On October 11, 1962, following the team's 40-120 finish in their inaugural season, the Mets completed a now-and-later cash transaction with the Milwaukee Braves for minor league second baseman Ron Hunt. The deal called for the Mets to pay $5,000 to the Braves up front and, if they decided to keep Hunt, another $45,000 on May 9, 1963. Hunt made his big league debut with the Mets on April 16, 1963, and went 2-for-3 with a walk in a 7-4 loss to the Reds. Three days later, Hunt picked up his first major league RBI -- three of them, actually -- including two on a walkoff double at the Polo Grounds that brought the Mets their first victory of the season in the team's ninth game. Hunt was optimistic at the time:
"I was happy to be traded here. I knew I'd be with a bunch of guys my own age. We can at least give other teams a lot of trouble in the league. I think we're doing all right now, but it sure was great to win the first one."
-- New York Times, 4/20/63
Year Age PA XBH BB AVG/OBP/SLG EQA WARP3 VORP -------------------------------------------------------- 1963 22 600 42 43 272/334/396 .278 5.9 28.4 1964 23 521 31 60 303/357/406 .293 8.0 37.5 1965 24 223 14 38 240/309/327 .242 1.0 -0.8 1966 25 543 24 62 288/356/355 .273 4.7 25.9
Not to be deterred, Hunt returned in 1964 to post what would eventually be the best season of his career, leading all national league second basemen -- including ROY Pete Rose -- in everything that mattered: batting average, on-base percentage, slugging percentage, WARP3, EQA, VORP, you name it. For his efforts, Hunt was selected to his first all star game, played at the brand new Shea Stadium in Queens, and even picked up a single vote for MVP (again, the Mets endured yet another historically awful season). Hunt missed the last month of the season with a back injury that he linked to a 1963 car accident, but was once again the best hitter on the team and was voted the team's MVP for the second consecutive year.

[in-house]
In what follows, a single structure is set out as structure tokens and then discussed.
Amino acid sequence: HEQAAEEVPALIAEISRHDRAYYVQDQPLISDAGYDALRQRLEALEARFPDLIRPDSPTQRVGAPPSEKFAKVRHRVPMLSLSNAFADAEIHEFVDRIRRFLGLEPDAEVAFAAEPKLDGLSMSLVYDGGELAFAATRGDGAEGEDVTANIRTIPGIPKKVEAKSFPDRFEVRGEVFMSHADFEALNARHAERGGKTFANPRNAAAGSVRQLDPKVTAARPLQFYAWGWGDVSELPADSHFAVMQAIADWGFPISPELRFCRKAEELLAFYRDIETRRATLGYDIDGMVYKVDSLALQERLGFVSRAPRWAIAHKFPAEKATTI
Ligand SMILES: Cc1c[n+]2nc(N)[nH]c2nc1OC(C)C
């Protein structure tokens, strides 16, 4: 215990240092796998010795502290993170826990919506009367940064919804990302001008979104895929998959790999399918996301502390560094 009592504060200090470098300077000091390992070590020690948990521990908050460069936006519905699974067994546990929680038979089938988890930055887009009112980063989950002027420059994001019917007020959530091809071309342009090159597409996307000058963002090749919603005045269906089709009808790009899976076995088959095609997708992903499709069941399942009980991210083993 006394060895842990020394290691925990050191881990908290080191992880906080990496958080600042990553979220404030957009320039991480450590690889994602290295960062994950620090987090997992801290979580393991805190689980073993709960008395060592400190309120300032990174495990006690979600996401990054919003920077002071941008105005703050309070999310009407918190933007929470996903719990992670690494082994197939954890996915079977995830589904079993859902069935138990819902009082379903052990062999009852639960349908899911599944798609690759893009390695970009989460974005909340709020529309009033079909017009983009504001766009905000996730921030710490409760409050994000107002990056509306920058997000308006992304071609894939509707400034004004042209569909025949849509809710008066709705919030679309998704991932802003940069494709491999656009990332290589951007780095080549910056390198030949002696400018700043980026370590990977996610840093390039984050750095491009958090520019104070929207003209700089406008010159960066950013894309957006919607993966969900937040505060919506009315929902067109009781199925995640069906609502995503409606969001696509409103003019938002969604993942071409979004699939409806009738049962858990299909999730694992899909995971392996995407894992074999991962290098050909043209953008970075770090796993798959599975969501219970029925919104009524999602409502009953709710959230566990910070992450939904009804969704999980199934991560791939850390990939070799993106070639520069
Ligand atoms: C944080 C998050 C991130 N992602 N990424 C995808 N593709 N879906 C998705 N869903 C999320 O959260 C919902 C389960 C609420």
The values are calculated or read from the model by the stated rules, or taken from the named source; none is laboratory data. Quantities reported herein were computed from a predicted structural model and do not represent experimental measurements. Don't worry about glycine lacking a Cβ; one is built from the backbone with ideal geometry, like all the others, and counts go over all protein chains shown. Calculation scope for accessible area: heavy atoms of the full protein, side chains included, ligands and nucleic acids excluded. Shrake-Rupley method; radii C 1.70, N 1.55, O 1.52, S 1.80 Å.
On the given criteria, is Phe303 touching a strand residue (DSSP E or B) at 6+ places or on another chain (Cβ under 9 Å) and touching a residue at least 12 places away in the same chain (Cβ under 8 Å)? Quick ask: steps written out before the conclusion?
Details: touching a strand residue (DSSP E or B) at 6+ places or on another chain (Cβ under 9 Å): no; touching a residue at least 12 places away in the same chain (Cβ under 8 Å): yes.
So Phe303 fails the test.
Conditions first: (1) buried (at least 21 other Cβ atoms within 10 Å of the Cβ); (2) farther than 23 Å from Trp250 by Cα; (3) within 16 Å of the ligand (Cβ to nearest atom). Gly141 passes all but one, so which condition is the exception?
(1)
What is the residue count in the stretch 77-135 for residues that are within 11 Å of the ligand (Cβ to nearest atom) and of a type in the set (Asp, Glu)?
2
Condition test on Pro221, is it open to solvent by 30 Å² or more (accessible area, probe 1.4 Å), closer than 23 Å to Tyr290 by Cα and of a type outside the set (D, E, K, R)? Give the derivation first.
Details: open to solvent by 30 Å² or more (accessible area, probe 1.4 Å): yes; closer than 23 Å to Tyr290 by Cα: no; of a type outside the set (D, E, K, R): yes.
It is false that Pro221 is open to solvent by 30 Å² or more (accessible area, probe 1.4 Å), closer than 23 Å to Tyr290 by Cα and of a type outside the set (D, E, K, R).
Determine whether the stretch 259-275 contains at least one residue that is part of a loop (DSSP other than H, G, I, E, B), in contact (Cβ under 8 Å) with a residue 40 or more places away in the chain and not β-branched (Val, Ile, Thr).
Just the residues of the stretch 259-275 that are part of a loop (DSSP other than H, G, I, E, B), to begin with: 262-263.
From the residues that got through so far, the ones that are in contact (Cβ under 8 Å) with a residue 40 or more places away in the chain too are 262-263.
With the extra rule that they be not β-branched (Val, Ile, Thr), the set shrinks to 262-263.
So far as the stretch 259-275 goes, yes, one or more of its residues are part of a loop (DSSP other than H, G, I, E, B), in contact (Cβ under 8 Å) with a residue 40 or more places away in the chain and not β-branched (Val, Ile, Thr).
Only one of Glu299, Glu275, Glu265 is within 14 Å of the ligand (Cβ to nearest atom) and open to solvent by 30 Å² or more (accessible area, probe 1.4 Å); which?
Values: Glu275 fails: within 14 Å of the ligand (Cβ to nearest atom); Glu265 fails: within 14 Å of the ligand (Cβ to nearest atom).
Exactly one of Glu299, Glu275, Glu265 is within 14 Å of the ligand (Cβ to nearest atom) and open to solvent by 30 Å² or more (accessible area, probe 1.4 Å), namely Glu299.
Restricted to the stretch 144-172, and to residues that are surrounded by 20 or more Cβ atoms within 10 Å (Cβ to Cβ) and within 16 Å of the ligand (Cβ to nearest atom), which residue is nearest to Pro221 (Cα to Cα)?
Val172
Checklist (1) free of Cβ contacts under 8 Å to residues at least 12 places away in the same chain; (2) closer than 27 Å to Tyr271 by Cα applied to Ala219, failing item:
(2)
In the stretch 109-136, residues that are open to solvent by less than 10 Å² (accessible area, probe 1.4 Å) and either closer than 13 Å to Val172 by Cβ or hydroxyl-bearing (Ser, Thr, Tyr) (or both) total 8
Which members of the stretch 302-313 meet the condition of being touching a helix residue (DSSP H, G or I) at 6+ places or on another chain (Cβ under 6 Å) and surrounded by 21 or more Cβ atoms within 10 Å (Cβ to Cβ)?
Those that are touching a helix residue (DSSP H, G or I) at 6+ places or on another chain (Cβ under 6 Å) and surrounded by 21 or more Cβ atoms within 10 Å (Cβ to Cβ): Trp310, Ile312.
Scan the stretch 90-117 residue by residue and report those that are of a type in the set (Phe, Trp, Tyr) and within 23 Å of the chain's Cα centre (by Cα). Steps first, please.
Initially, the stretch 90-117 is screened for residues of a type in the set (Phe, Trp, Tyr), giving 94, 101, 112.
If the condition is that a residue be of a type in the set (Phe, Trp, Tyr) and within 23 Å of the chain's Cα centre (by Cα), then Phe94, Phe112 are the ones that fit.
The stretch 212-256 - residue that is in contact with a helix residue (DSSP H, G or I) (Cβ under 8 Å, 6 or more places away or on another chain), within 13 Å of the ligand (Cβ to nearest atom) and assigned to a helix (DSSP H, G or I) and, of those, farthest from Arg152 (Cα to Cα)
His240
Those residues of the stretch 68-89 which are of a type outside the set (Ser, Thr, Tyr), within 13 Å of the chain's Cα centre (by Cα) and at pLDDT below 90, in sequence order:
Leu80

After working during the 1964 offseason as a truck driver, Hunt signed a new contract with the Mets worth an estimated $25,000. Unbeknownst to the Mets, Hunt also sustained an injury to the middle finger of his right hand playing handball over the winter. The injury was diagnosed as a "bad bruise", but it was apparently bad enough to keep him out of action from the end of spring training through the end of April, forcing Hunt to miss the team's first 15 games. Hunt hit .265/.359/.324 in ten games before separating his shoulder on May 12 after the Cardinals' Phil Gagliano collided with him in the baseline. Hunt missed another 83 games with the shoulder injury, and he struggled upon his return to the lineup on August 5. He finished the season with just 223 plate appearances and a meh .240/.309/.327 batting line, far and away the worst of his short career to that point.
Determined to put his injuries behind him, Hunt spent the 1965 offseason getting himself in better shape. He played 40 games in the Florida Instructional League and spent two months exercising at St. Louis University. He reported to spring training thirteen pounds lighter and promptly signed a new contract for the same $25,000 he made in 1965. Hunt rebounded nicely in 1966, hitting .293/.370/.379 at the all star break and was named to his second mid-summer classic. He exhibited very little power in the second half of the season, possibly due to lingering back problems. He hit .293/.370/.379 before the break, .280/.335/.317 after, and was traded to the Dodgers in the offseason along with Jim Hickman for Tommy Davis and Derrell Griffith.
In his four seasons with the Mets, Ron Hunt was the best hitter they had three times, missing significant playing time in the fourth year. He was the team's only all star selection in 1964 and 1966, and he collected 41 of his eventual 243 career HBPs. He would never make another all start team after leaving the Mets, but he had a couple of nice seasons with the Giants and Expos before calling it quits in 1974 at age 33.